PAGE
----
But all games have an endgame.
By Larry Kummer, Editor of Fabius Maximus, a multi-author website with a focus on geopolitics:
Nothing shows how America’s reins are held than our out-of-control corporations, enriching their executives at the cost of the future of their businesses — and ours. Here’s another status report on this sad but fixable story.
The Q2 Buybacks Report by FactSet is, as usual, sobering reading. During the 12 months ending in June, companies in the S&P 500 spent $555.5 billion repurchasing their shares. For the first time since October 2009, buybacks exceeded free cash flow (cash flow after capex); they’re borrowing to buy back shares.
For the past two years buybacks have run at the fantastic rate of about $120 billion per quarter — the same rate as in 2006-2007, with tech companies the leaders. In 2014 they spent 95% of their profits on buybacks and dividends (building the future is somebody else’s problem in corporate America).
Investors applaud this as a boost to share prices. Surprising to the naive, a decade of buybacks has reduced the S&P 500’s share count by only 2%. Share buybacks are one part of the triangle trade that transfers vast fortunes from shareholders to senior executives using stock options:
- executives exercise their options when shares rise (i.e., the company sells shares to executives at a discount to current prices),
- the executive sells those shares to the public,
- the company buys back those shares from the public.
Net result: the company has less money, their executives have more, the share count is unchanged.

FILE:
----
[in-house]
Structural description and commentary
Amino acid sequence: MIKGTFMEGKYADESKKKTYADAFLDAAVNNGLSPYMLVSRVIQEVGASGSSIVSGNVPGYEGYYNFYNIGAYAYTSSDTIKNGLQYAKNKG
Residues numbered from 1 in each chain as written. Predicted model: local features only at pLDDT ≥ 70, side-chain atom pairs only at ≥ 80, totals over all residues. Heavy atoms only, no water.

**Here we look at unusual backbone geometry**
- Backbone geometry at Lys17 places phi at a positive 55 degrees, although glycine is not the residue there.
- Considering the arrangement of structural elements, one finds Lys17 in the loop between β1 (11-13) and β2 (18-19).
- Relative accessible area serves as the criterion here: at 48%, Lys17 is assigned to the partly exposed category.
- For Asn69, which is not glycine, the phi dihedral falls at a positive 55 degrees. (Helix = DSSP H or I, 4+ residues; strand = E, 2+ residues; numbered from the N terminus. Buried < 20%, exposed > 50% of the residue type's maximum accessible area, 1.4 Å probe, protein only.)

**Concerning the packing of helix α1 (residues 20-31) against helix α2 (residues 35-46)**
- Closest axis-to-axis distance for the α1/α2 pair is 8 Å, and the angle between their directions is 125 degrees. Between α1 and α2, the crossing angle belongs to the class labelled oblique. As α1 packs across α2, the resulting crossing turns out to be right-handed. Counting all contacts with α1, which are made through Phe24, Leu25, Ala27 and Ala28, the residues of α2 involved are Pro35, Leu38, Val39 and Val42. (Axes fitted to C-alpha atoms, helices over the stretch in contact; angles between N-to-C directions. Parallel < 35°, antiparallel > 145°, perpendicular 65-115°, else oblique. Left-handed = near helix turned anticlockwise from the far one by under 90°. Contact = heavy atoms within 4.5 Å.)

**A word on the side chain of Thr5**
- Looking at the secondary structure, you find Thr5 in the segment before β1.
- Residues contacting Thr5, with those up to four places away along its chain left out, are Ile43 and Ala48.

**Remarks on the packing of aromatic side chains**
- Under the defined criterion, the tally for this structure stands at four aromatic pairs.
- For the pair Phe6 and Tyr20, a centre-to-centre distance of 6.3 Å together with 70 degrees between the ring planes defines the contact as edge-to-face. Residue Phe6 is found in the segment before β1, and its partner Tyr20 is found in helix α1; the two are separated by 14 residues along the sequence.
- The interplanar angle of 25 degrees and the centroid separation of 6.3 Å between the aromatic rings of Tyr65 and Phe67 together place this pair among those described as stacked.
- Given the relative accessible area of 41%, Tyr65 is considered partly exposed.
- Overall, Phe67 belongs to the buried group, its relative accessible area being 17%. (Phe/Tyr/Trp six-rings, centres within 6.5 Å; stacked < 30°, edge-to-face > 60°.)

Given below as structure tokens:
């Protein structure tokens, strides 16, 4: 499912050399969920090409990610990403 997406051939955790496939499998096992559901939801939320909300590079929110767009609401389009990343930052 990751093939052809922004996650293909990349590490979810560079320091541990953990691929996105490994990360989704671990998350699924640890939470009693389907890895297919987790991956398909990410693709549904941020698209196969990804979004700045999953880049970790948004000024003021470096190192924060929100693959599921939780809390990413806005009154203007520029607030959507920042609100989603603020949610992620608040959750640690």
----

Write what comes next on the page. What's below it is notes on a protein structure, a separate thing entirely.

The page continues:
This is an example of how America’s senior executives have learned to treat running companies — even running them into the ground, as Carly Fiorina did at HP — as a sideshow to their real job of financial engineering (for their personal profit). During their boom, the Japanese called these financial games zaitech (cursing it after their crash in 1989). Stock options, tax avoidance, earnings manipulation, mergers and acquisitions (almost all of which fail; see articles at CBS and HBR) — these are the paths to success for execs in New America.
Today’s example: Monsanto
Monsanto is famous for introducing large quantities of glyphosate-based herbicides (e.g., Roundup) to the biosphere, despite controversy over its toxicity. Why rely on research in the lab when you can use the world as your test tube? (Also see the MIT website about Roundup Ready Crops.)
Like other high-tech companies, Monsanto’s executives decided zaitech offered a better-risk reward ratio than biotechnology. So they massively borrowed to fund dividends and buybacks, as shown by this slide from their October 2015 quarterly presentation…
The fanboy investment community applauded this bold application of “The World’s Dumbest Idea,” as aptly described by James Montier at GMO.
- “Monsanto Loads Up on “Fertilizer” to Grow Its Stock Price” at the Motley Fool (July 2014).
“Monsanto is levering up to return cash to investors”.
- “Monsanto’s Buyback Has Become Quite Substantial” by Tim McAleenan Jr. at Seeking Alpha (Dec 2014): “historically cheap and is a fair starting valuation for a company with double-digit growth.”
- “Analyst Favorites With Strong Buyback Activity: Monsanto Ranks As a Top Pick” at the Online Investor (Feb 2015).
- “Barclays: Stocks With High Buybacks Make Better Investments” (April 2015) — So they do, in a euphoric bull market.
- “Monsanto Buyback Sets Stage for Higher Stock Price” at Barron’s (June 2015).
Monsanto’s executives delivered, reducing the share count by 12% during the past 2 years. But all games have an endgame, which Monsanto learned after the failure of their “hail Mary” offer to merge with their large competitor Syngenta. During the past five years they’ve bought their stock with an average price of $116; it closed at $88.06 yesterday (graph from StockCharts).
Expect no refunds from management, just more executive bonuses as they announced plans to “separate” 2,600 employees and spend $3 billion on “accelerated buybacks.” By Larry Kummer, Editor of Fabius Maximus
And what might spark a crisis? Read… US Economy Flies into “Coffin Corner,” But We Don’t Mind!
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